Thirty years on from its initial release, and drawing on years as a music therapist, Adrian Snell has re-recorded his masterwork Alpha and Omega. The way it shines a light on mankinds struggles is as relevant now as it was then, he tells Mark Craig
For a number of years in the 1980s, Adrian Snell was one of the brightest stars in the Christian music firmament. Which was always something of a disappointment to the man himself, as his music was never created for an exclusively Christian audience (*shudders*) and thoroughly deserved a wider listenership, which it only sometimes got. Indeed, Adrian resisted for years the inevitable pigeon-holing of his music as being for Christians; naturally, much of that unhelpful labelling is by Christians themselves, keen to claim him and his art as ours.
alphaomegaNow, with his masterwork Alpha & Omega having just reached the ripe old vintage of 30 years, he is releasing a live version of the concept album which was such a huge success on its launch (in Jerusalem, no less) in 1986.
Adrian is candid about the seeds of the concept. "I was challenged by a friend, who asked me what is God saying to the world today?.
"The more I thought about that, the more I warmed to an extraordinary challenge to reflect my response in music."
At that time, he had established his credentials, having composed his Passion as part of the highly-successful Fireflake album, right at the time of the height of the prog rock movement. Today Adrian still cites The Nice, Genesis and King Crimson as influences.
He was also being commissioned by both the BBC and ITV to write music for major TV exposure (in an era, remember, when there were four channels, and the idea of a TV remote was, well, remote). For him though, a real career highlight was the documentary he made for HTV, featuring his album Song of an Exile recorded at the Yad Vashem Holocaust Memorial in Jerusalem.
By the time hed done thinking about the challenge of what God was saying to the world today, it had become clear that his musical response would need to speak of Gods judgement, anger and broken heart. And that the music would need to hold people, though its contrasting moods, messages and emotions.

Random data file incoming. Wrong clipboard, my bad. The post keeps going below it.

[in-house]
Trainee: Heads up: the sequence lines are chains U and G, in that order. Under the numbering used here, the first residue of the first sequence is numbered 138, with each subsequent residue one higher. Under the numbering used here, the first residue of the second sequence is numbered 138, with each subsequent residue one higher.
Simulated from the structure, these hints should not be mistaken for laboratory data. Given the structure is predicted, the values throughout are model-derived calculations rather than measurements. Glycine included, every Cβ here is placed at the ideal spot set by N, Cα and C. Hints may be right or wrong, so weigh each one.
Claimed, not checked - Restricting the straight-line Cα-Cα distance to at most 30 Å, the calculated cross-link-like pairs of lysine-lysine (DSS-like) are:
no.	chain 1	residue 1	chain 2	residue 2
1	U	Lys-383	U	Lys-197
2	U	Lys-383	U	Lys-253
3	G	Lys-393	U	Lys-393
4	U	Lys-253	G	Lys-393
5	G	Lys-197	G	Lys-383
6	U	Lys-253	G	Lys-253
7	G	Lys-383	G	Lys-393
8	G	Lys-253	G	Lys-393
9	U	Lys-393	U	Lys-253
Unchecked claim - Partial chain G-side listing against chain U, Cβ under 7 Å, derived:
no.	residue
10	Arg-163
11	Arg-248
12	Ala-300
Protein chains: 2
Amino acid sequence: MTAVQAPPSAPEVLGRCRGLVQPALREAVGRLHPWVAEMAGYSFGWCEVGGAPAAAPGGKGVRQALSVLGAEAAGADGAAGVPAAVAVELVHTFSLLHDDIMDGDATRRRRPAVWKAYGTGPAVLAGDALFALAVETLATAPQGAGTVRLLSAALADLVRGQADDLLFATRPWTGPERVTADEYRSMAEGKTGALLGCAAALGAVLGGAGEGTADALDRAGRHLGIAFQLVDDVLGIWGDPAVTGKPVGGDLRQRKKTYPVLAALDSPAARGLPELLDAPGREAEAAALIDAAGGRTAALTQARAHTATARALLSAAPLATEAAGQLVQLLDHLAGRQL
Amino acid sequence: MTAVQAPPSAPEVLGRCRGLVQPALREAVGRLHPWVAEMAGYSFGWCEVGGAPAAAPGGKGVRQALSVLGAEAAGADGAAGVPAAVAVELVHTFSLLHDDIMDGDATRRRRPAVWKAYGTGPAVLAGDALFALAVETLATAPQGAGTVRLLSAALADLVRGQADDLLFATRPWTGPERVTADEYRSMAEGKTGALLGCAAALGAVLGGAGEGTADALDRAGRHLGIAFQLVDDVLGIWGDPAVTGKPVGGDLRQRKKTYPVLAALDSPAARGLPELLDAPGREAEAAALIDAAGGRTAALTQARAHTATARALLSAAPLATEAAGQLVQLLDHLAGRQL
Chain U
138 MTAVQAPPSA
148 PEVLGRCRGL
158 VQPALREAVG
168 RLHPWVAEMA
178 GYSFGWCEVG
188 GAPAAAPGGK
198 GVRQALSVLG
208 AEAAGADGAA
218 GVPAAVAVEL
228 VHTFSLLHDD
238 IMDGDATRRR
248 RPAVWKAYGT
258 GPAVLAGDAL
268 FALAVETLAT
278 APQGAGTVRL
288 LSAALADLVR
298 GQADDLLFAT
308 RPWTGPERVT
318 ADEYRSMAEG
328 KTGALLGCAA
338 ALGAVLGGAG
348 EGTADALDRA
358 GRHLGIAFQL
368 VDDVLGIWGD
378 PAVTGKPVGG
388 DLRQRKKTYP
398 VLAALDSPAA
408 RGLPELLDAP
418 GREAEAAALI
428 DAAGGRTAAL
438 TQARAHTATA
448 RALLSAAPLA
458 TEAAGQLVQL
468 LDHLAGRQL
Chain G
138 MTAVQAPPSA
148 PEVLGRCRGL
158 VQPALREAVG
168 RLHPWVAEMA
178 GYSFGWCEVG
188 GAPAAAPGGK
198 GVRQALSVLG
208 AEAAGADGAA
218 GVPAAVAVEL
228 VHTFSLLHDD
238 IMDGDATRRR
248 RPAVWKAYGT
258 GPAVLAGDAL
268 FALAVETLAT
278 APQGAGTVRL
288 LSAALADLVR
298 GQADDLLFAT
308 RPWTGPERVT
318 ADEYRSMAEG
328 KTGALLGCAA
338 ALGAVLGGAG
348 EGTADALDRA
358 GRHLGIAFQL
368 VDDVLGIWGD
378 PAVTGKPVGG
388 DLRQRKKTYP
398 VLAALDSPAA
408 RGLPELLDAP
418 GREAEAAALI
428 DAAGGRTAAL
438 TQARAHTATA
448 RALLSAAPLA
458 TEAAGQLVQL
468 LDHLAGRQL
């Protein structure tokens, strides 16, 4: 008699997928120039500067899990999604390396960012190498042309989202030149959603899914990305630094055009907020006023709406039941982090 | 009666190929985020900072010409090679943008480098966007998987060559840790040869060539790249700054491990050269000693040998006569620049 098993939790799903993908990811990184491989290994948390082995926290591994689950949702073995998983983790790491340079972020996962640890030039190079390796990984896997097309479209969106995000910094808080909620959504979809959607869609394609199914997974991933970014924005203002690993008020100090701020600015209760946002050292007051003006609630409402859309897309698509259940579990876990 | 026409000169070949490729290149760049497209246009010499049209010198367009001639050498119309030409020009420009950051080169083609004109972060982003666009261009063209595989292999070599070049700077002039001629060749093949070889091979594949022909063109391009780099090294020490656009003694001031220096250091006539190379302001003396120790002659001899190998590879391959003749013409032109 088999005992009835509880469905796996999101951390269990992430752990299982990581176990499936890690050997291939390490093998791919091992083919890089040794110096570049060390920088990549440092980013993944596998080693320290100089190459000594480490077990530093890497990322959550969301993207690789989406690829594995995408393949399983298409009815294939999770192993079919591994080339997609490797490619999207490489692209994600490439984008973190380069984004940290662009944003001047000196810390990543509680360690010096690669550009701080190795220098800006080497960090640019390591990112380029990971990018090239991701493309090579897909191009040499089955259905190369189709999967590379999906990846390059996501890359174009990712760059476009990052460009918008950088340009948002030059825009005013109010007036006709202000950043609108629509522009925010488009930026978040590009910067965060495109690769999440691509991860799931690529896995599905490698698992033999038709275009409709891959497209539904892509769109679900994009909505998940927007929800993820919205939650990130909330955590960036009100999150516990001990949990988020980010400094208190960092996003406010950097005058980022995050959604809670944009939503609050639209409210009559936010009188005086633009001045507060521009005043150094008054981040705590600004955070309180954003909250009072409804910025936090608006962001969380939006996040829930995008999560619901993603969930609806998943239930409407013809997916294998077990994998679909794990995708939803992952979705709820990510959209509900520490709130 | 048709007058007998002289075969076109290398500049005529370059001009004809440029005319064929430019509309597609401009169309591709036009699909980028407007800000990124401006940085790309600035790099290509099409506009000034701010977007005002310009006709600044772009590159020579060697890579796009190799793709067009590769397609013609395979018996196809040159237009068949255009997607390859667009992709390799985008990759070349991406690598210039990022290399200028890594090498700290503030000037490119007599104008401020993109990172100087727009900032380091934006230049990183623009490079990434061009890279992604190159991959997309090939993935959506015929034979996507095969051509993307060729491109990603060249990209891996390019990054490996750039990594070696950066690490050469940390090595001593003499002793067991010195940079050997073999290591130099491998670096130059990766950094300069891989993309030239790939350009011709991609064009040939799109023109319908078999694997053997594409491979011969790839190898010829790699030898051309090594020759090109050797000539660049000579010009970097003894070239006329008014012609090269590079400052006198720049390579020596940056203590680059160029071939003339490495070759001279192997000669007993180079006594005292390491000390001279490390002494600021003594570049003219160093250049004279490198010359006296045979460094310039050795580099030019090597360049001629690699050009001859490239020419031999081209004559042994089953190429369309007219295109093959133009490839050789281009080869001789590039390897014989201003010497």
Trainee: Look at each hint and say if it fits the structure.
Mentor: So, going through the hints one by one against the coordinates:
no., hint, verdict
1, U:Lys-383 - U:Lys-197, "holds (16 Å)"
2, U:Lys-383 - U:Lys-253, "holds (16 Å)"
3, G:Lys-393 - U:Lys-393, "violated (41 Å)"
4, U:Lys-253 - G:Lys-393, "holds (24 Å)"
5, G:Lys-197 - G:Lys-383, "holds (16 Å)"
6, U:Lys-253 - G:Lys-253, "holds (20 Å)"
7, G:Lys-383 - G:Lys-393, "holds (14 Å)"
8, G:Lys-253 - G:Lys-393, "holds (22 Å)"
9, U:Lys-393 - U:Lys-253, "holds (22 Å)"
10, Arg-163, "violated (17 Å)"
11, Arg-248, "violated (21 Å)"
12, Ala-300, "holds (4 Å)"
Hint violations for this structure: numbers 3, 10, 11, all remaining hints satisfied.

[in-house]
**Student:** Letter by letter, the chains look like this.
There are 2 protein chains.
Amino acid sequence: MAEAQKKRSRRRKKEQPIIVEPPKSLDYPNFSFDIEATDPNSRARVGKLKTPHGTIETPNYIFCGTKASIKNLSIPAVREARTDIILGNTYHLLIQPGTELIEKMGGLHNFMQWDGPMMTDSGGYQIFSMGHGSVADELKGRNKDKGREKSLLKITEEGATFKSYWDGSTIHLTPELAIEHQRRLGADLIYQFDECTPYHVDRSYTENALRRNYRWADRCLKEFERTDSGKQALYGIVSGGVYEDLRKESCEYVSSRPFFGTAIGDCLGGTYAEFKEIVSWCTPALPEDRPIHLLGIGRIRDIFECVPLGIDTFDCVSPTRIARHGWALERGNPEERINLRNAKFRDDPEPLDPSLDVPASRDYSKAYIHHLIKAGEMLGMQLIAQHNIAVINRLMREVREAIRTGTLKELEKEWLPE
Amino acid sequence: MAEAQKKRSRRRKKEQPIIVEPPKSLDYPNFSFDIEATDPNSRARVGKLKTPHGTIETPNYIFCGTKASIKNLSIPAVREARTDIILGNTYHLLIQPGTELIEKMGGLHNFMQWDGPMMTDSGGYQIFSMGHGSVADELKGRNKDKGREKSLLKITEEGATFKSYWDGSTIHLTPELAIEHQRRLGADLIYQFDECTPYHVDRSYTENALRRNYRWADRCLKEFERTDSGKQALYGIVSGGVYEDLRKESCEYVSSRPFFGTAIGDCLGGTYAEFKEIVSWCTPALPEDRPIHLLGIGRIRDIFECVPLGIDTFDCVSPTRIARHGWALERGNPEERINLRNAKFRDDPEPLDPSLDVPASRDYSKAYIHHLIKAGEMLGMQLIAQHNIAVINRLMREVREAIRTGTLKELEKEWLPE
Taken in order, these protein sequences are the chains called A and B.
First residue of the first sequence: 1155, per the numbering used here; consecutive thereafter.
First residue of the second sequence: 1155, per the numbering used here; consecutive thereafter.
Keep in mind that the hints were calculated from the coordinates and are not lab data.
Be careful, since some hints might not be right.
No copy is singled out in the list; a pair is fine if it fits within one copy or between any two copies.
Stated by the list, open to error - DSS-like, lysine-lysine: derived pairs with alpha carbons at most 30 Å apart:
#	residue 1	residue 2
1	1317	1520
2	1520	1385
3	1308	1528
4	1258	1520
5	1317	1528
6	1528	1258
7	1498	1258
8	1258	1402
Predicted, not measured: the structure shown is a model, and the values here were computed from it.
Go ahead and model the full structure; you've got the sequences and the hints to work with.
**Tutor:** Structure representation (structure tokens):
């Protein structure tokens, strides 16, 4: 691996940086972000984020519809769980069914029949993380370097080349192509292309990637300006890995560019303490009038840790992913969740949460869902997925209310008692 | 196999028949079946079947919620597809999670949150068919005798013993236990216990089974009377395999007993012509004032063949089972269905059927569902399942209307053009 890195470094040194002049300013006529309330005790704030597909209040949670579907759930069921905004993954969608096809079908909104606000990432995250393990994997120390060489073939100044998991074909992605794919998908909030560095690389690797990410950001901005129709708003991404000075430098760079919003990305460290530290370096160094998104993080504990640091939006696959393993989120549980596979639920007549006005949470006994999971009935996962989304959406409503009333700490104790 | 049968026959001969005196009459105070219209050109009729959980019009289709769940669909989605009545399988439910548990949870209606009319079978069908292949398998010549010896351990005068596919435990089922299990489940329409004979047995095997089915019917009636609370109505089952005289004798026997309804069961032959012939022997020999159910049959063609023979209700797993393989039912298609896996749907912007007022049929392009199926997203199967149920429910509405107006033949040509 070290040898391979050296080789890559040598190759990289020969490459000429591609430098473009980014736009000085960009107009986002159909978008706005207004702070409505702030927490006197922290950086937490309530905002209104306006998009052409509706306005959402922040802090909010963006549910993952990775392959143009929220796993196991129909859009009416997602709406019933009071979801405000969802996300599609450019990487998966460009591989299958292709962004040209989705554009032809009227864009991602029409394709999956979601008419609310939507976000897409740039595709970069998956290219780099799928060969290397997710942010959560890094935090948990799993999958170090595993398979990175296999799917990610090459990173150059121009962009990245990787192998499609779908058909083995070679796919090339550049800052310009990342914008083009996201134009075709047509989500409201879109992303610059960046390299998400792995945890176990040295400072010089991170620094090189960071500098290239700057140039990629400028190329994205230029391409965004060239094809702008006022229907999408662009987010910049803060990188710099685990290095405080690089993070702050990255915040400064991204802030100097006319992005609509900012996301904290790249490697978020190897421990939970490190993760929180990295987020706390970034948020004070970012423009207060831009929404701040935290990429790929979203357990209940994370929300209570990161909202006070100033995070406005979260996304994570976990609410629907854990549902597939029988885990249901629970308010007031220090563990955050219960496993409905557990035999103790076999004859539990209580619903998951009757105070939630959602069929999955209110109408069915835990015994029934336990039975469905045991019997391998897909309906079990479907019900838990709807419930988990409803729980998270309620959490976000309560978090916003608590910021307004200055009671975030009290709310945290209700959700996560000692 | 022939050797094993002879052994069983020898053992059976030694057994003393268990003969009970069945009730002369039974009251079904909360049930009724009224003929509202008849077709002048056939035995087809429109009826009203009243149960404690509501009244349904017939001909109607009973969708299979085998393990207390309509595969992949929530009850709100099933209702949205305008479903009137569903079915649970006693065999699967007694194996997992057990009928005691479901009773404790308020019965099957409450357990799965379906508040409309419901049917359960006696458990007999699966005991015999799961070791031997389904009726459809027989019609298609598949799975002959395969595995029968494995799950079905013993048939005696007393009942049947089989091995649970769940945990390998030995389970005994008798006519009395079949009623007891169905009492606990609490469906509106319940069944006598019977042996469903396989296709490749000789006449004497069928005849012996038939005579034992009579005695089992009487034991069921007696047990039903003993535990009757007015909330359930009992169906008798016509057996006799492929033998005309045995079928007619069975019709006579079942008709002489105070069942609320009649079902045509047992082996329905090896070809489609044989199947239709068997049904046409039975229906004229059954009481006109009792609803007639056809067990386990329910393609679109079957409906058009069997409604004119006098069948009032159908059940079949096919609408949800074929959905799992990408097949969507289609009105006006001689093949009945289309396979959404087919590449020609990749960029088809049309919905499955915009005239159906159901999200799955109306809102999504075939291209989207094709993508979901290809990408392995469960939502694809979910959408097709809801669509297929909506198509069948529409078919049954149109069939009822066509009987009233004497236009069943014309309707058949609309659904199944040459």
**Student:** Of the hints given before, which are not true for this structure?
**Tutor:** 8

From the opening, sombre piano of Kaddish for Bergen Belsen, through a riot of textures, melodies and rhythms, with a complex range of harsh and tender, loud and soft musical themes and texts drawn from the prophetic books of The Bible, in Alpha & Omega he somehow pulled off the most unlikely of achievements. Adrian fondly remembers record company (including from the much-missed Myrrh label, for those with long memories) executives coming to his concerts, and leaving moved and challenged.
Adrian subsequently moved into the emotionally tough and professionally demanding world of music therapy, in both the UK and in Albania, using his skill to create what he refers to as ridges across which to reach out to young people with the most complex needs, with great success, relating without words.
Adrian Snell music therapy
That ministry has been his life for many years, and has blessed him as much as it has those he ministers to: it found expression in his highly-personal album Fierce Love.
But three years ago, he found himself coming back into the concert world, with a new relationship with sound, discovered and refined through his years of delivering music therapy.
He cites the classical percussionist Evelyn Glennie, who is deaf, with awakening him to the concept of total sound. "She is a huge influence on me" he says, "because she hears what we e missing, having had to develop a completely different relationship with sound – Ill never be as sensitive to total sound as she is."
He re-listened to Alpha & Omega, picking up the segments in the original production hed never quite been satisfied with, knowing that music technology 30 years on would offer the chance to resolve those issues. He also realised that the album was as relevant now as it was in 1986, with the theme of what God was saying to the world today.
The outcome is a new album Alpha & Omega – 30th Anniversary Recording, with the full piece captured live over three nights in the Netherlands. And its wonderful, with a sharp, fresh sound which in many ways improves on the sonics of the original vinyl album, just as the composer had hoped.
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